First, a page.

macro

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See also: macró

English[edit]

English Wikipedia has an article on:
Wikipedia

Pronunciation[edit]

  • (US) IPA(key): /ˈmæk.ɹoʊ/
  • (UK) IPA(key): /ˈmæk.ɹəʊ/
  • (file)

Etymology 1[edit]

1933, from macro-, from French, from Latin, from Ancient Greek μακρός (makrós, long).

Adjective[edit]

macro (not comparable)

  1. Very large in scope or scale.
    Antonym: micro
    • 1999, Katharine Gates, Deviant Desires: Incredibly Strange Sex (page 115)
      Crumb's sexual fixation on gigantic women's legs became a major feature of his most celebrated images. Despite the common themes among macrophiles, Ed Lundt believes that no two macro fantasies are quite alike []
    • 2022 November 2, Brian X. Chen, “Personal Tech Has Changed. So Must Our Coverage of It.”, in The New York Times[1], ISSN 0362-4331:
      But simply turning off iCloud backups was an incomplete solution. The macro problem, I wrote in my column last year, is that people have sacrificed ownership and control of their data.
  2. (cooking, colloquial) Clipping of macrobiotic.
    • 2015, Elizabeth Stein, Eating Purely:
      While there are many aspects to this way of living, the actual “diet” focuses on whole foods, consumed in traditional methods. A typical macro bowl includes grains, beans, steamed veggies, sea vegetables, and fermented foods.
Translations[edit]

Noun[edit]

macro (countable and uncountable, plural macros)

  1. (colloquial, nutrition, countable, chiefly in the plural) Clipping of macronutrient.
    • 2018, Spencer Langley, Flex Life: How to Transform Your Body Forever, Flex Life Inc., →ISBN, page 81:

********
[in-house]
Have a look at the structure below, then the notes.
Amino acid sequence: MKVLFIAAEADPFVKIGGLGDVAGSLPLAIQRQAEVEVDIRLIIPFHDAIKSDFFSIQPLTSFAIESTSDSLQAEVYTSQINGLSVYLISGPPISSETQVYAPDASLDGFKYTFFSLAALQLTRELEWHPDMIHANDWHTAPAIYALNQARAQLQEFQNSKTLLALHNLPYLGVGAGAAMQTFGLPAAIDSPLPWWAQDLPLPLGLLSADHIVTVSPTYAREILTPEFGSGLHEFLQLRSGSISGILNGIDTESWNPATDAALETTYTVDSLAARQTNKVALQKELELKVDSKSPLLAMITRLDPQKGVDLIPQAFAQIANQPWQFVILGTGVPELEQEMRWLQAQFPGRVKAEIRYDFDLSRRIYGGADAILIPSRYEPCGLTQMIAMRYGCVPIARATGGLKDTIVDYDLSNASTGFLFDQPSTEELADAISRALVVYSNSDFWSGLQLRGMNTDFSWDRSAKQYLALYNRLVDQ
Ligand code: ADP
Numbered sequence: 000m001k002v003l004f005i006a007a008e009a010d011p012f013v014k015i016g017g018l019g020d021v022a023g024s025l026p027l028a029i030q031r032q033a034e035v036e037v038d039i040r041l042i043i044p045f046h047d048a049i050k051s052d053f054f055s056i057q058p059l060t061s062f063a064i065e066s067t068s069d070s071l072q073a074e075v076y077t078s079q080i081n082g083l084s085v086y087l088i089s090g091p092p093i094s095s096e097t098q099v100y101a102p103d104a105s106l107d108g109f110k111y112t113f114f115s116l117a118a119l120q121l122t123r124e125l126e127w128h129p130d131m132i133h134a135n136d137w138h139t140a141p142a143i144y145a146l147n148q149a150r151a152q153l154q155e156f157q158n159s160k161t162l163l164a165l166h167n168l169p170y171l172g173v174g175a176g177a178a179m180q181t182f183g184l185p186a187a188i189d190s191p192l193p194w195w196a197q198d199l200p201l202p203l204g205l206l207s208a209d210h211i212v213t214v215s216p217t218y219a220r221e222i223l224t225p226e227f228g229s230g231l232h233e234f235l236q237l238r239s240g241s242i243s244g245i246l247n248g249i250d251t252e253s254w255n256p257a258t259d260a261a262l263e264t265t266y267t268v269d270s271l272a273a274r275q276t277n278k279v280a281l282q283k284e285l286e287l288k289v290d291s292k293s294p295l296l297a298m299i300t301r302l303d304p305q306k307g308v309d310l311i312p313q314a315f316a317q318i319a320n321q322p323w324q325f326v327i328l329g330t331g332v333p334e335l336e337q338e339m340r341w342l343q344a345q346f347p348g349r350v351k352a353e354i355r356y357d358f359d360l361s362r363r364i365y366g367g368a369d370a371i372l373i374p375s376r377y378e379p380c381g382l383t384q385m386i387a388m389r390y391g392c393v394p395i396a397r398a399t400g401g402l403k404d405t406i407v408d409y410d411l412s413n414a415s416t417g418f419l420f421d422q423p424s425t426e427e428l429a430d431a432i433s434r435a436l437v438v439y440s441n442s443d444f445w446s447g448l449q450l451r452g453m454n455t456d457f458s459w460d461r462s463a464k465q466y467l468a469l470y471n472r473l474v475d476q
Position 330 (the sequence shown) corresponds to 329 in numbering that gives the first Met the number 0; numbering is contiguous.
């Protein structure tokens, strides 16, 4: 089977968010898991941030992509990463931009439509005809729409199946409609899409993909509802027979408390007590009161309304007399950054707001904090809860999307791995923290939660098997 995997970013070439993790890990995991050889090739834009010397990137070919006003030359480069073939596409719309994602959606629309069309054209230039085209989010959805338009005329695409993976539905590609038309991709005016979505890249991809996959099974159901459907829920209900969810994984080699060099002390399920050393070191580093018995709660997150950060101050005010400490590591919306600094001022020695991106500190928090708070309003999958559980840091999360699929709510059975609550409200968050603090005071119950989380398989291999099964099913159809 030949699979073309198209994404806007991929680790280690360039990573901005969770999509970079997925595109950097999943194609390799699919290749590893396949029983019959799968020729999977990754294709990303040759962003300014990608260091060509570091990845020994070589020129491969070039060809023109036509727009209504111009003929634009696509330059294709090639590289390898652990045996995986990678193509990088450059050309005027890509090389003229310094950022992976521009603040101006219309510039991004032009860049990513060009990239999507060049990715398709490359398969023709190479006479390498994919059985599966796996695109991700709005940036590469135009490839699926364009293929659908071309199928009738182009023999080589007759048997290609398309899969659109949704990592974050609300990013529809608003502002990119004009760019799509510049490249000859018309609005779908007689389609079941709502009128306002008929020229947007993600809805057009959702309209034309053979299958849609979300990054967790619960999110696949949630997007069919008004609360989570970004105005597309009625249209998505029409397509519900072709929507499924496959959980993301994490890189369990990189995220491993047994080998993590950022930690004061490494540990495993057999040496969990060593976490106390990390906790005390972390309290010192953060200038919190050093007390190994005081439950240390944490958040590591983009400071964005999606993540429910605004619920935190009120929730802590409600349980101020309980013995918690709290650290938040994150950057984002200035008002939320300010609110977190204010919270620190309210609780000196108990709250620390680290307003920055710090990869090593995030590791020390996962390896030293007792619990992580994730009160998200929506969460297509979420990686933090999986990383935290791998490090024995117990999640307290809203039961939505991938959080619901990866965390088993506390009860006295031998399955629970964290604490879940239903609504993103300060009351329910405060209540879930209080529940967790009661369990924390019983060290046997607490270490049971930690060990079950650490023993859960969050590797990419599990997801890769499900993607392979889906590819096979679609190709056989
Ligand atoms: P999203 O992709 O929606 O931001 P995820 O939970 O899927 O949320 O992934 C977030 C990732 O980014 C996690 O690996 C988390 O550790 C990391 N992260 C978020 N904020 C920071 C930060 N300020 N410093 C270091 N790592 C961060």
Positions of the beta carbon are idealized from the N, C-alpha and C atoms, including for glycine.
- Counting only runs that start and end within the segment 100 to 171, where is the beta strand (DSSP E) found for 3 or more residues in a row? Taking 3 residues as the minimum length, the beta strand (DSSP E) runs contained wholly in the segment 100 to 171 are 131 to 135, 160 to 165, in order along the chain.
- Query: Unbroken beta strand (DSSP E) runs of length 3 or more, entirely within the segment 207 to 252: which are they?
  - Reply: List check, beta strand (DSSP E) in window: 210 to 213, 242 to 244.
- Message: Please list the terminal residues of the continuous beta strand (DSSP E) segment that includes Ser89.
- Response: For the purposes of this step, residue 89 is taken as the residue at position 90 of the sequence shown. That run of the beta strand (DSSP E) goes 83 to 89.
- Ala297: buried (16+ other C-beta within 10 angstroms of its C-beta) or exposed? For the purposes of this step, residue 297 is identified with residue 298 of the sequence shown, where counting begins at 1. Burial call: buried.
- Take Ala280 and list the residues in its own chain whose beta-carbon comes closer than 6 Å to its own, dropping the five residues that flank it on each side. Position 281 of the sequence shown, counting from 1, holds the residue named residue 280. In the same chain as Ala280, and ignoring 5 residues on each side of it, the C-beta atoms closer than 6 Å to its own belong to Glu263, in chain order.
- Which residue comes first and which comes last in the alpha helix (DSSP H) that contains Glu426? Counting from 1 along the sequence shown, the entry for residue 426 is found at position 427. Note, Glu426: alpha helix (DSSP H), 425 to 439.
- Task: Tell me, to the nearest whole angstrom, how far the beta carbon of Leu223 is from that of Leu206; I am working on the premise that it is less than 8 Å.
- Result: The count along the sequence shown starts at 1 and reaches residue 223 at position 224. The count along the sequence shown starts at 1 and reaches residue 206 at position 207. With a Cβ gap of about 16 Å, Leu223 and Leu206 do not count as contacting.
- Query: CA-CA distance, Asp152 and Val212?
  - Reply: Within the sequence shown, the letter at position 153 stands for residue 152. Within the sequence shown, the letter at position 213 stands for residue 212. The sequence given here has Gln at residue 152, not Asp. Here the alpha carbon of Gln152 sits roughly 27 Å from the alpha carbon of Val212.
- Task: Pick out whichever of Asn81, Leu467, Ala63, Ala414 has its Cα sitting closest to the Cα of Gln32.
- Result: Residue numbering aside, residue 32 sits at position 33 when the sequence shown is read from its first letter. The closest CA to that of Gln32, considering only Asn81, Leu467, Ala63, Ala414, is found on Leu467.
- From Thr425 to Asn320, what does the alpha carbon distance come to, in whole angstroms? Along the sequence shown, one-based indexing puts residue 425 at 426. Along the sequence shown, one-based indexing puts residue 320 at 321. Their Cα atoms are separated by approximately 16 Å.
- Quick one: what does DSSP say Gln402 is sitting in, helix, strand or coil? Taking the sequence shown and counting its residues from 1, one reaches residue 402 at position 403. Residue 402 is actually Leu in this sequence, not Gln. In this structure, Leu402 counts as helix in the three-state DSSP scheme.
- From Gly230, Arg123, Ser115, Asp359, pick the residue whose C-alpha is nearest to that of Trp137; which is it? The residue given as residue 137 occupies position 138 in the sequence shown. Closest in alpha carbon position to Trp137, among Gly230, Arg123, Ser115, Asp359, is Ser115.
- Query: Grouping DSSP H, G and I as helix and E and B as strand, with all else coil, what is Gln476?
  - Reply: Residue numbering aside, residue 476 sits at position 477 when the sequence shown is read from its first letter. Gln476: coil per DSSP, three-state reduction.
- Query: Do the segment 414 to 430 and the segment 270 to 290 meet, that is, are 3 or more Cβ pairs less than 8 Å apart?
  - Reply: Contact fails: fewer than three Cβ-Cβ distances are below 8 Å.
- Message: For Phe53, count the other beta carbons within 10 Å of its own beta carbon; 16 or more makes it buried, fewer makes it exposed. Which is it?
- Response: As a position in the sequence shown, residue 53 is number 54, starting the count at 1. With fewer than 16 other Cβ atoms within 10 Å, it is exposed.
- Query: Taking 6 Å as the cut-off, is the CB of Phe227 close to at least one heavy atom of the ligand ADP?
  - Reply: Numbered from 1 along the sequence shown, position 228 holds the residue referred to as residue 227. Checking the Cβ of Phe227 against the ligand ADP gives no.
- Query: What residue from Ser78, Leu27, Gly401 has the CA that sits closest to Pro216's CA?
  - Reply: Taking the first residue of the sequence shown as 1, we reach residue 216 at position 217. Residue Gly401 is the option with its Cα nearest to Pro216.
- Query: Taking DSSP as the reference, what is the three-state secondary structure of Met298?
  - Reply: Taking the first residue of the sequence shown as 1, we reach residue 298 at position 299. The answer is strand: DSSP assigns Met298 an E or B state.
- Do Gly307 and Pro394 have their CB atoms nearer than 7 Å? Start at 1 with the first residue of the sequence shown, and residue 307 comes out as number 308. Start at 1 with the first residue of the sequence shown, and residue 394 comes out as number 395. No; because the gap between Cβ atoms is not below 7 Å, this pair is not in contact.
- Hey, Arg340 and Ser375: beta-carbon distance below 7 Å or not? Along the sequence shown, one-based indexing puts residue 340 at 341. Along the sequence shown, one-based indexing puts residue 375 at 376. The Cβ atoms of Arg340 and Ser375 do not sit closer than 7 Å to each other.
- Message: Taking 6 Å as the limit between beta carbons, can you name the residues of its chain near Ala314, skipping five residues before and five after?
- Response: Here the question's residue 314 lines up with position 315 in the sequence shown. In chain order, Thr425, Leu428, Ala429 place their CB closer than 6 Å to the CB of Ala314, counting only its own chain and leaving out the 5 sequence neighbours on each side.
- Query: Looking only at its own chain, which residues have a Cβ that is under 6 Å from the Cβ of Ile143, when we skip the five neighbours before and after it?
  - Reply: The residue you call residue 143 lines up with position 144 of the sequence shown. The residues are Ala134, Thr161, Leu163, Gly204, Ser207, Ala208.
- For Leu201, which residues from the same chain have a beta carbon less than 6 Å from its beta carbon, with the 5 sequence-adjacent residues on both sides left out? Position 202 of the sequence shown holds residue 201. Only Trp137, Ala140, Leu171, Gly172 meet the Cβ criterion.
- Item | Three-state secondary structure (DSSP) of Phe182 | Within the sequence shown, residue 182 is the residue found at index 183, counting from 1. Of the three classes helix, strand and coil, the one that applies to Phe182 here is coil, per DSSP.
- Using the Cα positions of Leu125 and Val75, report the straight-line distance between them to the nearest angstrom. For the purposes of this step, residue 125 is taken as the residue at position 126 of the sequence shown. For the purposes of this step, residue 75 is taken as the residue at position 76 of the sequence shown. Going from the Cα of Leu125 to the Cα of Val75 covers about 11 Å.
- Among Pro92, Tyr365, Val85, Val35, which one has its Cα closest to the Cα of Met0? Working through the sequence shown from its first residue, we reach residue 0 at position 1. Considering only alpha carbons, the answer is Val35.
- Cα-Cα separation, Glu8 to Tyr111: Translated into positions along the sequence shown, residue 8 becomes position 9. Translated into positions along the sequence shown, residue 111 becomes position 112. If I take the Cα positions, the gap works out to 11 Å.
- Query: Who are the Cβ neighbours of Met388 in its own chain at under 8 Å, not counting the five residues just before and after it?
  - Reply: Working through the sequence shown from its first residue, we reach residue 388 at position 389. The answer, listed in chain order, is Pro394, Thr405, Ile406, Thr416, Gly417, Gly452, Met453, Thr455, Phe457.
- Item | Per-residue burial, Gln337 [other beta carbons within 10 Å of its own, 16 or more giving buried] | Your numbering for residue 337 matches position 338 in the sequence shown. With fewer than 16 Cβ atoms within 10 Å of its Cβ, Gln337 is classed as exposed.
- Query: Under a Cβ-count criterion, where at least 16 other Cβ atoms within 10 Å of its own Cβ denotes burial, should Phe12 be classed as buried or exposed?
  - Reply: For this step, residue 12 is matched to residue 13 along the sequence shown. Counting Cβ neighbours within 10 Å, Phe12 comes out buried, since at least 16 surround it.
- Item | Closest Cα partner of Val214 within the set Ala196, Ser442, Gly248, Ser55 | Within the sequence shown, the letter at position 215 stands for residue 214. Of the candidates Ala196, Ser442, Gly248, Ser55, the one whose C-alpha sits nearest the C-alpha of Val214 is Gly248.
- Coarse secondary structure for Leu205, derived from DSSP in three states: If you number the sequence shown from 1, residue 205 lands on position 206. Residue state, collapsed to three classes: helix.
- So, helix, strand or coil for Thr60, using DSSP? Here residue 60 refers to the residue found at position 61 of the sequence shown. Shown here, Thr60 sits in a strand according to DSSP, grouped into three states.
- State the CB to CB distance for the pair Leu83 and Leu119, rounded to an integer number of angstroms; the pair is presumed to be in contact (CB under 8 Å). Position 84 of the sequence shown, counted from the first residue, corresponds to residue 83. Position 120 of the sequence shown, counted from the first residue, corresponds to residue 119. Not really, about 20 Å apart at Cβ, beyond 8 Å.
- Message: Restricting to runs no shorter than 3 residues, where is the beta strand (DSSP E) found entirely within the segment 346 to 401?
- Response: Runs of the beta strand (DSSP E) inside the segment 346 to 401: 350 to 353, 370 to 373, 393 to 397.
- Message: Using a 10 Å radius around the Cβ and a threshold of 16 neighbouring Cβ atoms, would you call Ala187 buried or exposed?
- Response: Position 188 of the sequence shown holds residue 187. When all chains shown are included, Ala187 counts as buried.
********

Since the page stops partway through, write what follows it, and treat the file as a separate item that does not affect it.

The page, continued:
Don't be afraid to include some “unhealthy” foods in your diet. The overarching rule about foods is if it fits your macros (IIFYM), then you can eat it. That means you can eat chocolate, ice cream, and many other indulgences []
  2. (colloquial, economics, uncountable) Clipping of macroeconomics.
  3. (colloquial, photography, countable) Short for macro lens.
    • 1980, Popular Science (volume 217, number 6, page 94)
      Most macros are made by camera manufacturers to fit their cameras
    • 2008, Richard Satterlie, Agnes Hahn
      The lens was a macro, capable of everything from an “infinity shot” to a close-up in which a single fingerprint filled the entire frame.

Etymology 2[edit]

1959, shortened form of macroinstruction.

Noun[edit]

macro (plural macros)

  1. (programming) A comparatively human-friendly abbreviation of complex input to a computer program.
    The preprocessor expands any embedded macros into source code before it is compiled.
    • 1998, Dr. Cat, “Furry web site plug”, in alt.fan.furry, Usenet:
      There's also a spam filter in the code now, so if someone attempts to flood people's screens with macros or a bot, everything after the first few lines is thrown away.
    • 2004, Paul Kimmel, Excel 2003 VBA Programmer's Reference, John Wiley & Sons, →ISBN, page 2:
      A recurring theme in this book is to record an Excel macro and then show how to adapt the recorded code.
    • 2010, Debasish Ghosh, DSLs in Action[2], Simon and Schuster, →ISBN:
      Languages belonging to the Lisp family make use of macros to provide support for compile-time metaprogramming.